Friday, March 7, 2008

Thoughts on Simple Living

A recent post at the contentment-filled Down to Earth has given me mixed feelings, and I'm trying to sort them out. I am wondering if Simple Living is as simple as all that!

It is very easy to move from contentment with a simple life to smugness about it. Hardly conducive to moving other people forward, though. I also think it's often a bit simplistic. Often a decision early in life sets a trajectory which is very difficult to shift. As a positive example: The Geek is a computer programmer -- it's all he has ever wanted to be. Now in Australia, there are only two cities where you can get the kind of job he wants: Sydney and Melbourne. We're Sydneysiders. As it happens, the parts of Sydney with computing jobs in them are all at major transport hubs, except for one. The Geek has always walked and/or used public transport to and from work. But if he were in the building trades, the story would be quite different. The Geek's apparent eco-friendliness is a result of his career choice, rather than a transport choice.

We can't always see how our previous choices will affect the options open to us later, and for some people, the usual prescriptions for starting Simple Living are close to insurmountable. How do you cook from scratch, for example, if you have never been taught much cooking and all your family have a firmly-set taste for processed foods? (Don't look at me for the answer: I chose a family which could cook!) Perhaps more entry points to the simple lifestyle need to be shared around?

That's my first feeling: that sometimes simplifying one's life is quite complex! And in particular, that if you have more money to start with, you have more ability to live simply.

On the other hand, sometimes I feel that more medium-level articles are what I need. The Geek commented the other night that the usual items in Make Your House Greener articles are things we have already done -- we're now heading for the expensive-and-daunting end of the spectrum, where the photovoltaics and grey-water treatment kits live. Surely there is something in the middle, between $200 and $20,000?


lightening said...

Yes, Simple Living can be anything BUT simple at times. In my mind, it's more about making mindful choices as opposed to simply "going with the flow" (doing stuff or buying stuff just because it's what everyone else is doing/buyin). Some people look at it as being about not spending money or doing this activity or that activity. In my mind, everyone's path is different and different doesn't mean WRONG.

Anonymous said...

True, Simple Living is complex. I think that everyone's version of simple living is different. To me it isn't so much about finances or cooking from scratch etc it's more about living the life you really desire( or at least working on reaching that goal) and enjoying the journey.

Anonymous said...

I have read the down-to-earth blog as well as your comments and you have both given me food for thought.

You are right in that it is very easy to say "cook from scratch" "make your lunch pack instead of buying out". But what if you leave the house at 6am and don't get home til 8pm - there isn't much room/time there for making a lunch box is there?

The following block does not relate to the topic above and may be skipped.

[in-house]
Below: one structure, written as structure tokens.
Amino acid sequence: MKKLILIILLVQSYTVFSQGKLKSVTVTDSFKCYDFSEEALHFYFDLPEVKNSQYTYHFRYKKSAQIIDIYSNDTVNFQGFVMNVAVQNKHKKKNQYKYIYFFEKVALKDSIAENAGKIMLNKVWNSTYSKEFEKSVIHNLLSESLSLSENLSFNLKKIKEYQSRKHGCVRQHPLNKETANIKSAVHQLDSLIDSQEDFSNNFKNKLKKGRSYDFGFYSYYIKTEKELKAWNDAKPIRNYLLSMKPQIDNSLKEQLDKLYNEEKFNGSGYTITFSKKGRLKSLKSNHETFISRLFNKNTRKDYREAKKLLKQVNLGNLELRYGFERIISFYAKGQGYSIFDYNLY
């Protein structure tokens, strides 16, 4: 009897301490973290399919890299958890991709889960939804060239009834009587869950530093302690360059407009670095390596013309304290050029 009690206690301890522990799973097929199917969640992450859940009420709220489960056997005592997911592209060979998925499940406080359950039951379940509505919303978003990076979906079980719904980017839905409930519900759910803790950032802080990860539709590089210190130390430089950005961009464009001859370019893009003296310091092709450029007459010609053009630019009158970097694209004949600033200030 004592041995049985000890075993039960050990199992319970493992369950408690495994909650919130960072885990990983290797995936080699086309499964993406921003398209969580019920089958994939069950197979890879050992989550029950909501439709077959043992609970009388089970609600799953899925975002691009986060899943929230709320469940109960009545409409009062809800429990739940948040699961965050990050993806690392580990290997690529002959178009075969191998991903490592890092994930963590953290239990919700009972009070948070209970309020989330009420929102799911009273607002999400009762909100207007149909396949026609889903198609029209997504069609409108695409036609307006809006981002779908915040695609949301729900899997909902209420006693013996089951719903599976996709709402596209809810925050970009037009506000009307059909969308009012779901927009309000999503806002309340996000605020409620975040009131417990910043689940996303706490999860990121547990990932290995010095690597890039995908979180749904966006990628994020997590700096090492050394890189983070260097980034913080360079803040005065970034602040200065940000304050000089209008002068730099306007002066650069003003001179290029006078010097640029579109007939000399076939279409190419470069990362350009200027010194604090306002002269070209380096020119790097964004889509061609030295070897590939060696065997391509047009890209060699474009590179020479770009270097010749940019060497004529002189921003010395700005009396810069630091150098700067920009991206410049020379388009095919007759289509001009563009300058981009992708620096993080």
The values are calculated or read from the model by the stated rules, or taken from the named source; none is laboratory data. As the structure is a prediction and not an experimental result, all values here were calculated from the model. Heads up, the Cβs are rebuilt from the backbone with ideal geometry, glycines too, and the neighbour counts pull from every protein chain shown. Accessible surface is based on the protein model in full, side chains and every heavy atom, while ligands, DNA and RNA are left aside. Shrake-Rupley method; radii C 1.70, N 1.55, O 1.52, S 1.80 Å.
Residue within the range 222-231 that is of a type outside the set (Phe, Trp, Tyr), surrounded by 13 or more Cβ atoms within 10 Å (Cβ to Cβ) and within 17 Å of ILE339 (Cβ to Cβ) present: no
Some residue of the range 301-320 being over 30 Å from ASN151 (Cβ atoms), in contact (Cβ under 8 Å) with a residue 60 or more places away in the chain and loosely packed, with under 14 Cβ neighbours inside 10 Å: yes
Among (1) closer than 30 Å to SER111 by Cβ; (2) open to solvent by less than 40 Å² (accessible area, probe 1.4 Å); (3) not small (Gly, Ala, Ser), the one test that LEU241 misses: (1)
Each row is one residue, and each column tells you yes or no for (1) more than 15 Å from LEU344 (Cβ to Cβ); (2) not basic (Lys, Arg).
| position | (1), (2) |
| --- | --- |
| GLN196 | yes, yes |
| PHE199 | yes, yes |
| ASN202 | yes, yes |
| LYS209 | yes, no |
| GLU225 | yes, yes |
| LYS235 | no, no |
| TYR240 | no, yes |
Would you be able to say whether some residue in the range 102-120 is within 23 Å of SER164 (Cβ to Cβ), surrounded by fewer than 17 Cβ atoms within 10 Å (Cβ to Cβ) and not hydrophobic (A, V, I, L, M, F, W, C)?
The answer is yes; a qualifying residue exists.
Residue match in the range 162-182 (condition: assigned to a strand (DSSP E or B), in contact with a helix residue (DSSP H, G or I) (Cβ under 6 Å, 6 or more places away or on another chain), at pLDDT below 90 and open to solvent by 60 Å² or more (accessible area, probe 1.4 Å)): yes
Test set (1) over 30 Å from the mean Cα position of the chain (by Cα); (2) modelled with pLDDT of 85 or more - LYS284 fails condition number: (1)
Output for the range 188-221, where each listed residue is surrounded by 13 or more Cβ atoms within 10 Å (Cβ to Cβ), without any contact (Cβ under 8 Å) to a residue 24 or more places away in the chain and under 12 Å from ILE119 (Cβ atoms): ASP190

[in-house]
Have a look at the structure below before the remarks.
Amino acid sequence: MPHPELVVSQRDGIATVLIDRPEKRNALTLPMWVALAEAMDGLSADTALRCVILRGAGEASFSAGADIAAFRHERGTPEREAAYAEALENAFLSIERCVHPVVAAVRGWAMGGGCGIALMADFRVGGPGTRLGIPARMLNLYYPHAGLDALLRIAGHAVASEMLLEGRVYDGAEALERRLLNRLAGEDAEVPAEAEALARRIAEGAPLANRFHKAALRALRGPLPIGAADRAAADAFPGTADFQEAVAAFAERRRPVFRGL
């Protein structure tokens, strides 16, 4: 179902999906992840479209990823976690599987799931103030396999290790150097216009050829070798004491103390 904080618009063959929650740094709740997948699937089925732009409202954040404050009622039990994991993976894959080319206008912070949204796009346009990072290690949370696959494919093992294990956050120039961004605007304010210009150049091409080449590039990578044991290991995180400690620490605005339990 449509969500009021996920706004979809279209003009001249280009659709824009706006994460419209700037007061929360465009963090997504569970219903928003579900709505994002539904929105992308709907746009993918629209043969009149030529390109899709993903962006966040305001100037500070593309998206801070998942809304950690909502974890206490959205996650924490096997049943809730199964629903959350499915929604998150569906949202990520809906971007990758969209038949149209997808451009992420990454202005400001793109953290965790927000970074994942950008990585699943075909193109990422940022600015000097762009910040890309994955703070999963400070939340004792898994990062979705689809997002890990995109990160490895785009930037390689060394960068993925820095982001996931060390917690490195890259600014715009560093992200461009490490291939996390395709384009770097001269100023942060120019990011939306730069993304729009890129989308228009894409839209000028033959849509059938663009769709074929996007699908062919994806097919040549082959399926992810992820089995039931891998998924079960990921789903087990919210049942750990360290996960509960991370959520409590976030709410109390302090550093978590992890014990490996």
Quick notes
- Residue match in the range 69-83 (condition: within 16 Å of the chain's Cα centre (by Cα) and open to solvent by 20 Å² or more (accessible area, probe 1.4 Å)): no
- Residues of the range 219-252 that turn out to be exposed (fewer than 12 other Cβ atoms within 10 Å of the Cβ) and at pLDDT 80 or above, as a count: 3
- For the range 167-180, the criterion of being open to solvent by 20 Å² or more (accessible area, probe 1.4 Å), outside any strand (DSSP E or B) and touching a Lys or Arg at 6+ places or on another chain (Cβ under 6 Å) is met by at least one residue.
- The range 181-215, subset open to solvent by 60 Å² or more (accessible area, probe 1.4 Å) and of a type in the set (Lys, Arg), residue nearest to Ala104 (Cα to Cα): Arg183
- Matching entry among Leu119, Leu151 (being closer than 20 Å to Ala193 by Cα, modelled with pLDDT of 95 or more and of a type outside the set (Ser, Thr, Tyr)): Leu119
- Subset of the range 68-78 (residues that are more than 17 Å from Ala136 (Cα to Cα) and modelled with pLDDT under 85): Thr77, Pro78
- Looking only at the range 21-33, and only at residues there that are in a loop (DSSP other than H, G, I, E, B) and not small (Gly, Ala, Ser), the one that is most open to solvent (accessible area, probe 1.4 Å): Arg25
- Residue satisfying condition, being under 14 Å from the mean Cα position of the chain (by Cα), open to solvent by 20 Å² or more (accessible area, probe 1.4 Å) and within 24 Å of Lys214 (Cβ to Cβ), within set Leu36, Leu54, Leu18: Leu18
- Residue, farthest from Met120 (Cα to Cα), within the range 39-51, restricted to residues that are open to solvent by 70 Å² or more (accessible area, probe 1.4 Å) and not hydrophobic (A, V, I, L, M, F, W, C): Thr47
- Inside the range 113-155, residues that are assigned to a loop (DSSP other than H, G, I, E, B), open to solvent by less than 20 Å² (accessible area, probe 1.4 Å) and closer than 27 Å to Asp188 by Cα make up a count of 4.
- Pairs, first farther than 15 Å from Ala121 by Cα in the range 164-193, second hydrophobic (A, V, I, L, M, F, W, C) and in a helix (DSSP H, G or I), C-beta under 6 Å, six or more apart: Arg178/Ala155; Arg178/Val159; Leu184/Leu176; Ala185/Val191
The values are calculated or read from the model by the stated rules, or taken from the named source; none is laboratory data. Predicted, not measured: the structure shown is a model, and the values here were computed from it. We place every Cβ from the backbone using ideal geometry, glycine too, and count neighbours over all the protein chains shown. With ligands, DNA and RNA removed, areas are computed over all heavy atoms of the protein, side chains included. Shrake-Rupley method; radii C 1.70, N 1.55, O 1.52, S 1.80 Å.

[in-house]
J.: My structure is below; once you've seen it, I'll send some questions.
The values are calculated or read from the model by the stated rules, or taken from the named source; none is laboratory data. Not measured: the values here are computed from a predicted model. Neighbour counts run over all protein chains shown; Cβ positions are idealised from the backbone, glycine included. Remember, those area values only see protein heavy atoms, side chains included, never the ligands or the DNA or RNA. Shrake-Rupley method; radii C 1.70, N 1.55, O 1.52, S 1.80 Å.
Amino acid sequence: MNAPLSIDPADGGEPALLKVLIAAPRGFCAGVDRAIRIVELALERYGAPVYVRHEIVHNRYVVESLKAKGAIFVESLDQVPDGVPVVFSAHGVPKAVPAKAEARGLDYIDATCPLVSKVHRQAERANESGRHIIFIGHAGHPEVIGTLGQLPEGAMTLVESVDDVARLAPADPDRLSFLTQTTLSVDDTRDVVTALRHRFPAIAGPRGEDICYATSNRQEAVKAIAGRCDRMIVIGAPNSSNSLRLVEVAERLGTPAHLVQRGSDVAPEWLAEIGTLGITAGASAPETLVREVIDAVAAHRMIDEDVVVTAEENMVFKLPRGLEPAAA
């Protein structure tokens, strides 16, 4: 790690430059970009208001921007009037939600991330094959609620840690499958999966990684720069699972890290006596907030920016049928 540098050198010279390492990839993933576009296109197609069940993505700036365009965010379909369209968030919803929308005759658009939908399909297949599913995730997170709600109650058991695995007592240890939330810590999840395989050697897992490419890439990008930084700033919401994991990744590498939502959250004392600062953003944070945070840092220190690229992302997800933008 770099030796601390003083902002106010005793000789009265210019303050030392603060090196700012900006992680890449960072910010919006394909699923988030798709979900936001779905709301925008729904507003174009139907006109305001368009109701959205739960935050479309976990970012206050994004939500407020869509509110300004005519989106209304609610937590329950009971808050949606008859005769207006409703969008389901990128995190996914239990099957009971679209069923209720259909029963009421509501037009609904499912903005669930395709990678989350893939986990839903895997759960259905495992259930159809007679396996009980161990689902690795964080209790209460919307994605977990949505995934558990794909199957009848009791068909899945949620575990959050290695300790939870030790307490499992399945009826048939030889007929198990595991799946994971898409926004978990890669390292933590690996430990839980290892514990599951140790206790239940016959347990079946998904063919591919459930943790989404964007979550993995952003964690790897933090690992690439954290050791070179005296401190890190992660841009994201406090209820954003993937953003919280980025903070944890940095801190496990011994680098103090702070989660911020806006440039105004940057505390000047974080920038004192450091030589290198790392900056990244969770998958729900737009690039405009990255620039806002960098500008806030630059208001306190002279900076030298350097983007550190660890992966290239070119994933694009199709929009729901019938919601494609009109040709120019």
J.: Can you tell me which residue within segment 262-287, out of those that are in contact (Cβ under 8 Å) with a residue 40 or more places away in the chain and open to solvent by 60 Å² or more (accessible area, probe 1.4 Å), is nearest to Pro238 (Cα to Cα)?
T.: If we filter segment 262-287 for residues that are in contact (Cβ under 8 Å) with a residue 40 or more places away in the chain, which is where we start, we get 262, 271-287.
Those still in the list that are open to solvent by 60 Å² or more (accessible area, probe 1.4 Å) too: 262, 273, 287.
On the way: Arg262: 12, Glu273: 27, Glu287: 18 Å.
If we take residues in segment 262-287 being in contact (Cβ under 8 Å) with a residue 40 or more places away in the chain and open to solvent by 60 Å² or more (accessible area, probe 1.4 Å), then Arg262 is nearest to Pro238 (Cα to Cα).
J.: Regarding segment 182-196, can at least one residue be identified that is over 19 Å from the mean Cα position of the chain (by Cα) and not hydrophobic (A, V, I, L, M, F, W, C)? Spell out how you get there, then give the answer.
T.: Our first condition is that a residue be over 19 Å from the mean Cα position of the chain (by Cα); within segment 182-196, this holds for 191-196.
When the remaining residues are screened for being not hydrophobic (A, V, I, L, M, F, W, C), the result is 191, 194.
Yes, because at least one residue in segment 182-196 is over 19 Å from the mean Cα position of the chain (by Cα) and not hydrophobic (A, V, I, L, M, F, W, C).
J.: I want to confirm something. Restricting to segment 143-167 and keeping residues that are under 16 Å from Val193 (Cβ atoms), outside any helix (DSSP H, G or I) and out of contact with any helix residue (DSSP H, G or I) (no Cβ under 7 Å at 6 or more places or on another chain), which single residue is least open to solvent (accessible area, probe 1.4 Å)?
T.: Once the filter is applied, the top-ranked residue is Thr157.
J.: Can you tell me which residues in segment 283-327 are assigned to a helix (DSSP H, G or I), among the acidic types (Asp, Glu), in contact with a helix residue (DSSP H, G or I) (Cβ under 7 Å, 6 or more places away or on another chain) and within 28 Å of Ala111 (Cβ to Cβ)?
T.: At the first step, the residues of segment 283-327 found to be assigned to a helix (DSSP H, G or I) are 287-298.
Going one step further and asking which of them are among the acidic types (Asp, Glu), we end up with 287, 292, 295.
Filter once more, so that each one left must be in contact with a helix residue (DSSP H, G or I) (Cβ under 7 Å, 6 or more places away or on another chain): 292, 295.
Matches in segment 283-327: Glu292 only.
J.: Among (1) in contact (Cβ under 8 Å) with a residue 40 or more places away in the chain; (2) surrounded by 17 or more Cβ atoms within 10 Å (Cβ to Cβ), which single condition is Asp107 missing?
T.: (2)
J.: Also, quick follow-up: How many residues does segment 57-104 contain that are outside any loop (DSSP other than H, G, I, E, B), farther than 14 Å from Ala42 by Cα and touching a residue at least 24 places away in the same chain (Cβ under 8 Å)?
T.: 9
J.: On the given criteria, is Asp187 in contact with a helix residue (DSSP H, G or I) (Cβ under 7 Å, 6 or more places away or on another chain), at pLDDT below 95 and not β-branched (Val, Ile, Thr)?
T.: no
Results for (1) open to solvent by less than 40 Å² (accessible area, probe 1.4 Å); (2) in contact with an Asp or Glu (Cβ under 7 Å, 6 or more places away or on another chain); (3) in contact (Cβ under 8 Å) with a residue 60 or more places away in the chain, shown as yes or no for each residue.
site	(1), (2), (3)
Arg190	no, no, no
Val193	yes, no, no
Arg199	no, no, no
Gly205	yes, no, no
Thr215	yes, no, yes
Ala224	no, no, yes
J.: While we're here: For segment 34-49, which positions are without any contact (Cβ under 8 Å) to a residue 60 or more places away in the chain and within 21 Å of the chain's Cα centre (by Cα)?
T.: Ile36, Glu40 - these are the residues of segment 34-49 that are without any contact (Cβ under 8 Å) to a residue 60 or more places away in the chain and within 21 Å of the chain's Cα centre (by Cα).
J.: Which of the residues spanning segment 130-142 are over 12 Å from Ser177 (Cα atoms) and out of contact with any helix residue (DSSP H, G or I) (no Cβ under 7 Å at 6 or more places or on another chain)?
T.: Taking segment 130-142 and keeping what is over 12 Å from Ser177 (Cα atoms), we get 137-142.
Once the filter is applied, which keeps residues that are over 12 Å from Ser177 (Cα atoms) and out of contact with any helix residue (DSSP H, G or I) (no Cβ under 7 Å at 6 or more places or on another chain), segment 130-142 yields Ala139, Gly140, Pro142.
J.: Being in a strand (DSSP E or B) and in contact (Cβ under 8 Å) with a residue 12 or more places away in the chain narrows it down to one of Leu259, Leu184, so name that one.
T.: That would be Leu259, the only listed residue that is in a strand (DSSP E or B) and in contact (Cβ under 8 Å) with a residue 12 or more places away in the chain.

But if you look again, and think differently, it can be done. However, you need to have the ability to cook from scratch, to plan your meals, and to consider making extra at night to take some the next day for lunch.

I think a good mid-way to start for people who really don't cook is to maybe cook one meal a week from scratch. Doesn't have to be a major meal, could even be an omelette with some chopped onion, cheese and ham. or a simple tomato sauce for pasta with onions, garlic and a tin of tomatoes.

Do that for a month or so, and then try to cook two meals from scratch at weekend. And then slowly build from there.

And even if you don't cook from scratch you can at least buy only what you need with a menu/meal plan for the week.

I agree with the other comments that the whole simple living ethos seems to be stopping and taking a look at your life, whether you can change things to make you happier/healthier/less fraught etc.

And I agree totally with you on your comments on transport. I am from the UK and people in London find it very easy to use the public transport "card" but that is because it is so good - try using a bus in a small town instead....!

I will now have a browse around the rest of your blog.....

Miss P

Anonymous said...

I'm sorry you find my attitude to be smug. I am anything but. If you've just started reading my blog, maybe reading a bit further back would give you a more accurate idea of my true feelings.

I think simple living is quite difficult, not only when starting off, but also in the progression of it. There are choices to be made every day and, generally, those choices are going against the tide of those around you. My own choice to live more simply was like going from black to white for me. I owned a technical writing business which specialised in writing for the mining industry. It involved a lot of travel and a lot of excess. I closed down that business instead of selling it because when I came to see the negatives aspects of that job, I didn't want it to continue, for me or anyone else.